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The Irish and the Choctaw Nation: Bound through suffering
Two seemingly unrelated cultures, the Irish and Native American Choctaw tribe share a unique bond of friendship. This is a story of how at one of Ireland’s greatest hours of need, another oppressed culture came to it’s aid.
The 1840’s are widely considered one of bleakest periods in Irish history. The Great Famineâ, also commonly referred to as the Great Hungerâ, had a decimating effect on Ireland. Over a period of seven years, from 1845 -1852, over 1 million people died and approximately another million emigrated. To put into perspective, the Irish population is still far from pre-famine figures. Census records of 1841/42 put the population at 8.2 million and in all likelihood it was probably over 8.5 million. As of today it’s at approximately 4.5 5 million. The Great Famine is a period in history that is deeply ingrained in the Irish psyche. It’s responsible for our diaspora and is a large part of the oppression that’s associated with Irish history.
The Choctaw Nation and the Trail of Tears
Across the Atlantic Ocean another culture suffered an oppression similar to the Irish. The plight and persecution of Native Americans is a well-documented yet strangely overlooked period in American history and one with many similarities to the Irish during the same era. One event in particular, approximately 15 years prior to the Great Famine, may well have acted as bridge between the two groups. The Trail of Tears was a harrowing pilgrimage that the five Native American Nations; Cherokee, Muscogee, Seminole, Chickasaw, and Choctaw were made endure. Forced from their homelands across the South-Eastern United States they were relocated by militia to a designated area, in Oklahoma. Over the 500-mile trek, approximately 10,000 died to disease, starvation and exposure to the sun. Over the course of twenty years Native Americans had to suffer the same routes as their predecessors, making the journey progressively more difficult as natural resources depleted over time. The Trial of Tears, and the Indian Removal Act of 1830 which preceded it, passed under the Presidency of Andrew Jackson, a democrat whose parents had actually emigrated from Co. Antrim.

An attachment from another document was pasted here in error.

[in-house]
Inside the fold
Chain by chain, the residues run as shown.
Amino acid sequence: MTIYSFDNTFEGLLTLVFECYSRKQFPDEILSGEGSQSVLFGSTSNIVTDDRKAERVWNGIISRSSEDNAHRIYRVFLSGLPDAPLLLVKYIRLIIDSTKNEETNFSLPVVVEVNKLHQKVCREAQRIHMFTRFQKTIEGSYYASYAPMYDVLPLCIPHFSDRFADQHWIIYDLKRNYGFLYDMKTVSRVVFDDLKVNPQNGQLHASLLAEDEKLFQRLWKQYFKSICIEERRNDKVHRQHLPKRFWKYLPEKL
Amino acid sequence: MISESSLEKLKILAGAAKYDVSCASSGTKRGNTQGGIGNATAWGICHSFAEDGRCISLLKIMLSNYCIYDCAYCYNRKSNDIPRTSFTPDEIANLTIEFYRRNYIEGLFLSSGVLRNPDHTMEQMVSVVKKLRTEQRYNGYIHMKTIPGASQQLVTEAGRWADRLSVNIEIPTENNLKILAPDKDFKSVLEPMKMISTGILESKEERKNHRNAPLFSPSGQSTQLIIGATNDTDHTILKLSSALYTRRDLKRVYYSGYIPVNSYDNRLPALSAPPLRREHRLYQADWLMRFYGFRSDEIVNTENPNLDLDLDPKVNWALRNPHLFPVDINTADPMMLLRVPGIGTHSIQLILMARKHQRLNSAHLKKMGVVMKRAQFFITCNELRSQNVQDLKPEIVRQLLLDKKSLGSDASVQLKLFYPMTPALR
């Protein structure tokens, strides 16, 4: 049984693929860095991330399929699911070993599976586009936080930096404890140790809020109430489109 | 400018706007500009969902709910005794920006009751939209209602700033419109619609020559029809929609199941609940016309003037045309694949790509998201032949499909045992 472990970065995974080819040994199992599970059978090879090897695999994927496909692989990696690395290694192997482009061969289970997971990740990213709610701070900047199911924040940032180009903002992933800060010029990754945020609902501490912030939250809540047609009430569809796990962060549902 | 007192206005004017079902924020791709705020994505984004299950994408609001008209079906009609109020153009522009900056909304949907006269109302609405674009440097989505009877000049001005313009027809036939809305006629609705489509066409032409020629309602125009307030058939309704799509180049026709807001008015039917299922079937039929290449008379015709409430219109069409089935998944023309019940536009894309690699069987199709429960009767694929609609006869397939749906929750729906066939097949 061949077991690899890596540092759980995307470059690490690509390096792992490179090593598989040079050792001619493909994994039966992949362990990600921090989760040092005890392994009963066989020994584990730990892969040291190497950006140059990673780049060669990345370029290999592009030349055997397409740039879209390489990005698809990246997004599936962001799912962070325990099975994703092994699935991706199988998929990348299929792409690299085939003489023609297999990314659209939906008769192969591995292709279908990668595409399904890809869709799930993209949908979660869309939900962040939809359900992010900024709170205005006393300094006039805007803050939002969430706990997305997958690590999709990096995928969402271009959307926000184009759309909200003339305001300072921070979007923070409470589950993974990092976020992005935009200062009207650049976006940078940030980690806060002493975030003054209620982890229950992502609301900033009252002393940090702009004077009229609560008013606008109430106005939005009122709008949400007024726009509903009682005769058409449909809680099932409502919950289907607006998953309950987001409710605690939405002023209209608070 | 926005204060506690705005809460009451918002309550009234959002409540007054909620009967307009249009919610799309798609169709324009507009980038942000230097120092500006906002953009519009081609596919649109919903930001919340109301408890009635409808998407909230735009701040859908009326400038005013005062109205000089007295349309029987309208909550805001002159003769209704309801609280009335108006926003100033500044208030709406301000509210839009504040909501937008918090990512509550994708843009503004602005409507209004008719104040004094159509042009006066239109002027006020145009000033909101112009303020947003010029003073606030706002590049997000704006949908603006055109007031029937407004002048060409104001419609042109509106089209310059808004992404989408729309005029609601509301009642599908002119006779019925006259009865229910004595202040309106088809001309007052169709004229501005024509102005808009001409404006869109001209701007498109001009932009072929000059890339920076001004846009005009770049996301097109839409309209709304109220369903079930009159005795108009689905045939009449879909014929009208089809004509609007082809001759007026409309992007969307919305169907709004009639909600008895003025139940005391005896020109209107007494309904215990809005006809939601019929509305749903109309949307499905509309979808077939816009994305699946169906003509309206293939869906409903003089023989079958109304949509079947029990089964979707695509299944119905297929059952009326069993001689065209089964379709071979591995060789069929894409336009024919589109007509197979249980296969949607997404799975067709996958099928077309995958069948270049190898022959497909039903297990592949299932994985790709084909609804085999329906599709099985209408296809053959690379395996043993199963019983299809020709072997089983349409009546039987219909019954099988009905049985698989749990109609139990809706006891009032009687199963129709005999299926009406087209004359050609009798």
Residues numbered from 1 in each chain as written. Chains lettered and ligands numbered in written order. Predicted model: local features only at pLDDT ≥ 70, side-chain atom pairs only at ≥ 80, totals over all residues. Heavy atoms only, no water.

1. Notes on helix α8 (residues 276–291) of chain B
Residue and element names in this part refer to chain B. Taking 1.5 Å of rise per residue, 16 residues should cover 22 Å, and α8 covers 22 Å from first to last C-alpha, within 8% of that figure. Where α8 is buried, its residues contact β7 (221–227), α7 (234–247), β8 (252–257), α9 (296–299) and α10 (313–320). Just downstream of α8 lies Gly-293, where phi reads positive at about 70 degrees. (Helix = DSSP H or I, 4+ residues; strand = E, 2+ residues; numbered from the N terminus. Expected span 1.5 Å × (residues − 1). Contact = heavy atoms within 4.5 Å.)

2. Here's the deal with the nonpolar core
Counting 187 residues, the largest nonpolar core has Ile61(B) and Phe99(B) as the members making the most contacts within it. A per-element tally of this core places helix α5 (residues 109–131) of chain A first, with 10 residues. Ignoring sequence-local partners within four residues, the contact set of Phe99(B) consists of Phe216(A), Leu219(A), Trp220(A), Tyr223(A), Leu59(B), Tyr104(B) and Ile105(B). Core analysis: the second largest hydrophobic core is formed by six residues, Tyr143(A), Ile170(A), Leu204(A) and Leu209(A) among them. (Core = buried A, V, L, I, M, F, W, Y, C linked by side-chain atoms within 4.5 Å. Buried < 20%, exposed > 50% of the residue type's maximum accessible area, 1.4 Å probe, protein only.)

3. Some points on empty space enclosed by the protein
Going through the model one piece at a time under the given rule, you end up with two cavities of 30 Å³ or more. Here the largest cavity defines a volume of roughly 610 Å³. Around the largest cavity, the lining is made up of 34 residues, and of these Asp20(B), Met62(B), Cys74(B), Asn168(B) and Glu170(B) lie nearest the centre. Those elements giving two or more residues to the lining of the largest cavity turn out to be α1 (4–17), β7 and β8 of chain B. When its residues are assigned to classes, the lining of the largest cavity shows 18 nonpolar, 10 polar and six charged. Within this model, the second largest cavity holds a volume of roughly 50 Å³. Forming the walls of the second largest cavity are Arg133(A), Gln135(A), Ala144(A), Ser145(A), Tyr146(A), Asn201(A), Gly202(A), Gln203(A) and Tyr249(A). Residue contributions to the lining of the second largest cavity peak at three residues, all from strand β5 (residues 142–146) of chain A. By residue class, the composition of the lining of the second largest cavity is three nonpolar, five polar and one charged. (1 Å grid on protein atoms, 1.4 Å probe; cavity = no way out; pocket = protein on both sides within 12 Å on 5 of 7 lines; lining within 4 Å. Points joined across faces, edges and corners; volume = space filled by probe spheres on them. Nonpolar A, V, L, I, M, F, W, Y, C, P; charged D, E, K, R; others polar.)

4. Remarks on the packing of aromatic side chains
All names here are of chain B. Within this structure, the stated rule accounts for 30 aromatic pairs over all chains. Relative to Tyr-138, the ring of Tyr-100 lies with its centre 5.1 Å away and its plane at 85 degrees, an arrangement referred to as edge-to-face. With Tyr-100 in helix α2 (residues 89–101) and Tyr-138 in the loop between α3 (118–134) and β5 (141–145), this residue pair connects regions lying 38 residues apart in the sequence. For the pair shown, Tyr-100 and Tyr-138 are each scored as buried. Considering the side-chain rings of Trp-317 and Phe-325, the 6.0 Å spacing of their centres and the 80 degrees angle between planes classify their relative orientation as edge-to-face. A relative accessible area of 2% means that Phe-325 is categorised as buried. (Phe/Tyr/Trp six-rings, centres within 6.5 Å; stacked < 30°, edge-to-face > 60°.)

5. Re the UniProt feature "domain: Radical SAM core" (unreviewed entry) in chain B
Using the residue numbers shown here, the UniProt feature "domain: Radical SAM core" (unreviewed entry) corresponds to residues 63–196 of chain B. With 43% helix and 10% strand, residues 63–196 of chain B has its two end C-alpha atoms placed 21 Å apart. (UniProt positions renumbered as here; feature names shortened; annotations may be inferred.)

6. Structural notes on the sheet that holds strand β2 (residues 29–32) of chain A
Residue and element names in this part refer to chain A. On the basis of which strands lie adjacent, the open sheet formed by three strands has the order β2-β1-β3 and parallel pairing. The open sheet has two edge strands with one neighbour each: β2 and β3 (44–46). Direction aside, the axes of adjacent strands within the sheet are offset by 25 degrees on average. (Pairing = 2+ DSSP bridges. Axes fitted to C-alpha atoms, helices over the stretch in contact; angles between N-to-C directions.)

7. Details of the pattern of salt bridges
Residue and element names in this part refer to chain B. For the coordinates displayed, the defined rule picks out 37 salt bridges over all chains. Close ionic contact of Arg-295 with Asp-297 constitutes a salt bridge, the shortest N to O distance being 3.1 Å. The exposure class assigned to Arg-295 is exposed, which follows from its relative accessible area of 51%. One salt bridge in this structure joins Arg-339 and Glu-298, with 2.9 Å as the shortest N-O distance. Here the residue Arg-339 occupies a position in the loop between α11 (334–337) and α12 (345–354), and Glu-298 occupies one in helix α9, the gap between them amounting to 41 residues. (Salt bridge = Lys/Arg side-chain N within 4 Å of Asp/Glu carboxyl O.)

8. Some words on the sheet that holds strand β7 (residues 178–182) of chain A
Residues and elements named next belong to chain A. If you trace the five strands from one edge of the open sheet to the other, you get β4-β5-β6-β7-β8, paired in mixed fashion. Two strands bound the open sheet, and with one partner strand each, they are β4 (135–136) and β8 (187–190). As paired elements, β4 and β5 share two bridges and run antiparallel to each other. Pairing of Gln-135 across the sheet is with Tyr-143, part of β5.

The term Trial of Tearsâ apparently originated from a chief of the Choctaw tribe, who referred to their removal as a trail of tears and deathâ. Of the 23,000 Choctaws who made the journey over half perished. A particularly cruel side point to the Choctaw tribe was that they had actually fought under Andrew Jackson, when he had been a general, in the crucial Battle of New Orleans during the War of 1812, between the United States and United Kingdom. Regardless, President Jackson used the removal of the Choctaw nation as a model for the future removal of other tribes.
The Choctaw Nation reach out to Ireland
It is unclear how in 1847, at the height of the Great Famine, the Choctaws heard of the plight of the Irish, but what is clear is that they heard of an oppression and suffering that they knew all too well. Two communities who had suffered terribly at the hand of Imperialism; their lands invaded and taken from them, starvation, their culture and beliefs banned. In a truly extraordinary donation, a group of Choctaws met in their new home west of the Mississippi; Scullyville Oklahoma, and decided to send whatever aid they could to help the Irish. Despite the previous years’ brutal treatment of them and their resources they were able to raise $170 dollars for the cause and passed it onto a famine relief organisation. The sum would easily be into the tens of thousands in modern currency.
Acknowledgement of the Chowtaws noble donation has grown in recent years and a wonderful monument crafted by famed Irish sculptor Alex Pentek was installed last year in Ballic Park, Midleton, Cork. â˜Kindred spirits displays nine steal eagle feathers meeting in a bowl shape. The bowl-shape is a nod in itself to the plight and starvation of the famine while the American Eagle feathers are an obvious nod to the Choctaws themselves.
Here at TwoTon Murphy we’ve also decided to commemorate the Choctaw’s unique place in Irish history with our Choctaw Nationâ design. Available for Men in Truffle and White and Women in White and Heather Grey, the design features the titles TwoTon Murphy and Choctaw Nation in unique fonts with an arrow and eagle feather part of the design as further tips to the hat to these kind and noble people. Although one of the less-heralded associations we may have with Ireland and other cultures, the unique bond between these two small but culturally rich groups deserves to be celebrated and proudly displayed.